This isn’t Adlestrop. The train
has limped and lingered awkwardly and here,
at last, it dies. Some gulped apology
falls through the speakers, a so-rapid French
leaving us catching one word out of four
and reading faces  -  cliché-cartoons
of Gallic shrugs, so we shrug too
and watch a great tit in the hedge.
The only bird. Bottles of water come
(always a bad sign)l, smokers lining up
along the platform. No-time-soon
their shoulders say, checking their phones
and calling friends whose disbelief increases:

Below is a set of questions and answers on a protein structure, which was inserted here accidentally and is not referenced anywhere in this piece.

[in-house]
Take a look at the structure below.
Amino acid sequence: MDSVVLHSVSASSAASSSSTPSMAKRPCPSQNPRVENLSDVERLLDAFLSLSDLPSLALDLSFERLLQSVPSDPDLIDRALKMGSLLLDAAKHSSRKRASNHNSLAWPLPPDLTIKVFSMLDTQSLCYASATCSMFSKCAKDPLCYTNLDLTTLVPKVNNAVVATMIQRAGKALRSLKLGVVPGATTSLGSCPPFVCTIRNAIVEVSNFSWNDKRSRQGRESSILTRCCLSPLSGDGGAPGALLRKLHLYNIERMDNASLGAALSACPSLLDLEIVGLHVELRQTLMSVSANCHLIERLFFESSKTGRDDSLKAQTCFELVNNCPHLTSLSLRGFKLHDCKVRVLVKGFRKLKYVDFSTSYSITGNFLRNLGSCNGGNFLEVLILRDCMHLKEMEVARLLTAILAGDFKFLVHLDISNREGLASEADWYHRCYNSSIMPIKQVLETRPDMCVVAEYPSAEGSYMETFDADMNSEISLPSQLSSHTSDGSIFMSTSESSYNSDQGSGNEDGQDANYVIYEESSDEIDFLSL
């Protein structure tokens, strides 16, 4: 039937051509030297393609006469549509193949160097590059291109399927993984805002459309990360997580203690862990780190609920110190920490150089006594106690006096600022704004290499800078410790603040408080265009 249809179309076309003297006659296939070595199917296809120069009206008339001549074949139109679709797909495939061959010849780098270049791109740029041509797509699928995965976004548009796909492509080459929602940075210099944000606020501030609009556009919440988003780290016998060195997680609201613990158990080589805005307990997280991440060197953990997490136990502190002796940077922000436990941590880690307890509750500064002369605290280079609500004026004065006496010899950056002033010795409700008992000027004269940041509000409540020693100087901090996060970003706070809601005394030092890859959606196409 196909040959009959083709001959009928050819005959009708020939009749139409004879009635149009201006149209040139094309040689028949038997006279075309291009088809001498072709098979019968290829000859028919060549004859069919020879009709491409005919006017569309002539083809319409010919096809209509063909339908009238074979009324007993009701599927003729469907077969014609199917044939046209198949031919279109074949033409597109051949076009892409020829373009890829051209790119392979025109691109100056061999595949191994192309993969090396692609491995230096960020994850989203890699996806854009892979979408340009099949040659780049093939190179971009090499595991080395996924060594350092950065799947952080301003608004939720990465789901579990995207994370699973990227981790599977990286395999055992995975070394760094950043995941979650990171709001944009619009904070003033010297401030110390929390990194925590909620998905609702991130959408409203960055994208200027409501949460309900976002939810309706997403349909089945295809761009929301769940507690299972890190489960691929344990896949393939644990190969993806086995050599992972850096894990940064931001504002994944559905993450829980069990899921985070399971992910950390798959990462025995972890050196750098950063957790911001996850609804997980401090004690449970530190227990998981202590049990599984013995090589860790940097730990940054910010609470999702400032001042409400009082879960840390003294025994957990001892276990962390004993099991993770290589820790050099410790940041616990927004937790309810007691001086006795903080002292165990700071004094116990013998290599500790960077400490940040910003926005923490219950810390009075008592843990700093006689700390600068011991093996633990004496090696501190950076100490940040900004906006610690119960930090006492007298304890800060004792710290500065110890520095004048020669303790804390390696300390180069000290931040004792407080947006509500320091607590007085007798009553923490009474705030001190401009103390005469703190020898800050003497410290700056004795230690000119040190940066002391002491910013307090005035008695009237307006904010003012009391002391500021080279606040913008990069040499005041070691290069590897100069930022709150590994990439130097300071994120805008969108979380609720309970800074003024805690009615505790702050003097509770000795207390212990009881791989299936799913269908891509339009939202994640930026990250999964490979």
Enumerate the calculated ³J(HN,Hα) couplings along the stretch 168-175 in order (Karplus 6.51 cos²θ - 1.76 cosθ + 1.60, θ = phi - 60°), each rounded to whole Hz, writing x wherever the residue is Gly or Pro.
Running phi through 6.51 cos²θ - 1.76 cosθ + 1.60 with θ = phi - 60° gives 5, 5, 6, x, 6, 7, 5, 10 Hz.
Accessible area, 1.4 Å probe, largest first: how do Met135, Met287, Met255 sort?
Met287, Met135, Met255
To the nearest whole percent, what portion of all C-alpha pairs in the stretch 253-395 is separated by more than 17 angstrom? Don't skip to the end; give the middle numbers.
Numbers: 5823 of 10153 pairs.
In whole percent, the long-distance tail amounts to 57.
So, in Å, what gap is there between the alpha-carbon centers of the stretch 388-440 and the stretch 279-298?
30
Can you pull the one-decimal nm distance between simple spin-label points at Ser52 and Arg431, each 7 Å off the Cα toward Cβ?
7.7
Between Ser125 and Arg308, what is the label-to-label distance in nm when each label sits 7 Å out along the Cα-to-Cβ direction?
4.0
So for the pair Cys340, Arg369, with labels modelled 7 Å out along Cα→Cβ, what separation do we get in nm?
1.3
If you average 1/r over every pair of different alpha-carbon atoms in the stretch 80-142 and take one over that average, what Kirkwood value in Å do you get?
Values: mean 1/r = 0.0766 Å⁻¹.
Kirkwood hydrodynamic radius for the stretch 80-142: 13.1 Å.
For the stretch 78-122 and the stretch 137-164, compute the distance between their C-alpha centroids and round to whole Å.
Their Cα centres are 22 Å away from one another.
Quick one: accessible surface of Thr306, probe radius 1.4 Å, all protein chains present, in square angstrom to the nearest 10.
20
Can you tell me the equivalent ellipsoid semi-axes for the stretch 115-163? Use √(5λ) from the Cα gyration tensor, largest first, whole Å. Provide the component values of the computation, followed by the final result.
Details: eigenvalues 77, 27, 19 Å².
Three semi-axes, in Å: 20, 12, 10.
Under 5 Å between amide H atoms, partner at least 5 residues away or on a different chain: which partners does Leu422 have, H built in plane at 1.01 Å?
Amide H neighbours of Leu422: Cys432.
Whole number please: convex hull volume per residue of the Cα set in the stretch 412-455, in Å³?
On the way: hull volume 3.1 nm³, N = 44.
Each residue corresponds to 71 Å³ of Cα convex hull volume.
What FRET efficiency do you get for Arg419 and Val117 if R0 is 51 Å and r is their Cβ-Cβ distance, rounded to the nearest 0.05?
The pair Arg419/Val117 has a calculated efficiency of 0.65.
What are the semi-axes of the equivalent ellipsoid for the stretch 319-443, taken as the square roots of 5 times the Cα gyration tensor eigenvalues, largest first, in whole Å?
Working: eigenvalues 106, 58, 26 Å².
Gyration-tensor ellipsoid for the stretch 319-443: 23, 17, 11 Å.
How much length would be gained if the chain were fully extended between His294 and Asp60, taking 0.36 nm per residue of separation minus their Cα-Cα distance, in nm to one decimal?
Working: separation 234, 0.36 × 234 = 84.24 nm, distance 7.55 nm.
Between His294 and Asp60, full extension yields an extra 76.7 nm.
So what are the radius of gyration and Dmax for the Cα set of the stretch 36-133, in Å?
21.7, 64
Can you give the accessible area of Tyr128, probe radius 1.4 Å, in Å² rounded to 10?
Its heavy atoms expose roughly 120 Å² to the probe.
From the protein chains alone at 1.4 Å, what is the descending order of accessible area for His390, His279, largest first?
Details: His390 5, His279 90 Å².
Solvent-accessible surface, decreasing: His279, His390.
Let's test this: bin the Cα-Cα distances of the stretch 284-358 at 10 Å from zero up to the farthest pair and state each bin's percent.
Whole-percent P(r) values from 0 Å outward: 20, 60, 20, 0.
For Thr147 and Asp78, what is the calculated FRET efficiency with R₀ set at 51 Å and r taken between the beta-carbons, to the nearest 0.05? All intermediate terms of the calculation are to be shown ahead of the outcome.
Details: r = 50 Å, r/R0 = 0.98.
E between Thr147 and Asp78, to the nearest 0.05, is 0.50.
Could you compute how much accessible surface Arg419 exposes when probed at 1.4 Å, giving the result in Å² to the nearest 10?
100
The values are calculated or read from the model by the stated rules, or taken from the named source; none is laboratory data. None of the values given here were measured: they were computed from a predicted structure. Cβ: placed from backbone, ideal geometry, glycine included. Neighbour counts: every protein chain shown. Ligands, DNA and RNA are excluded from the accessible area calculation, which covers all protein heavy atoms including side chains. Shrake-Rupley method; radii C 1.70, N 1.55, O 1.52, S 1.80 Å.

Plaisir-Grignon … Non! … PLAISIR-GRIGNON!

Hot, for April. Someone finds a key,
the one toilette (for staff) acquires its queue
and conversations:  Vire  -  et vous? La même.
The same. An up-train, Paris-bound, and everyone
eyeing the platform opposite thinks: ah,
possible …  No one moves. Unspoken trust
binds us to Platform 1, all Normandy
stretching through cider orchards to the sea.

Of course time solves the problem. One dead train
is hauled away and, throbbing down the line,
comes a replacement. Seats for all,
a settling back and books resumed,
the views unfolding. Stations come and go;
phones track our various latenesses
and plans remade. One unremarkable
and uneventful place slips back,
or nearly, into where it was,
or wasn’t, till today. It isn’t Adlestrop.

D. A. Prince

If you have any thoughts on this poem,  D.A. Prince would be pleased to hear them.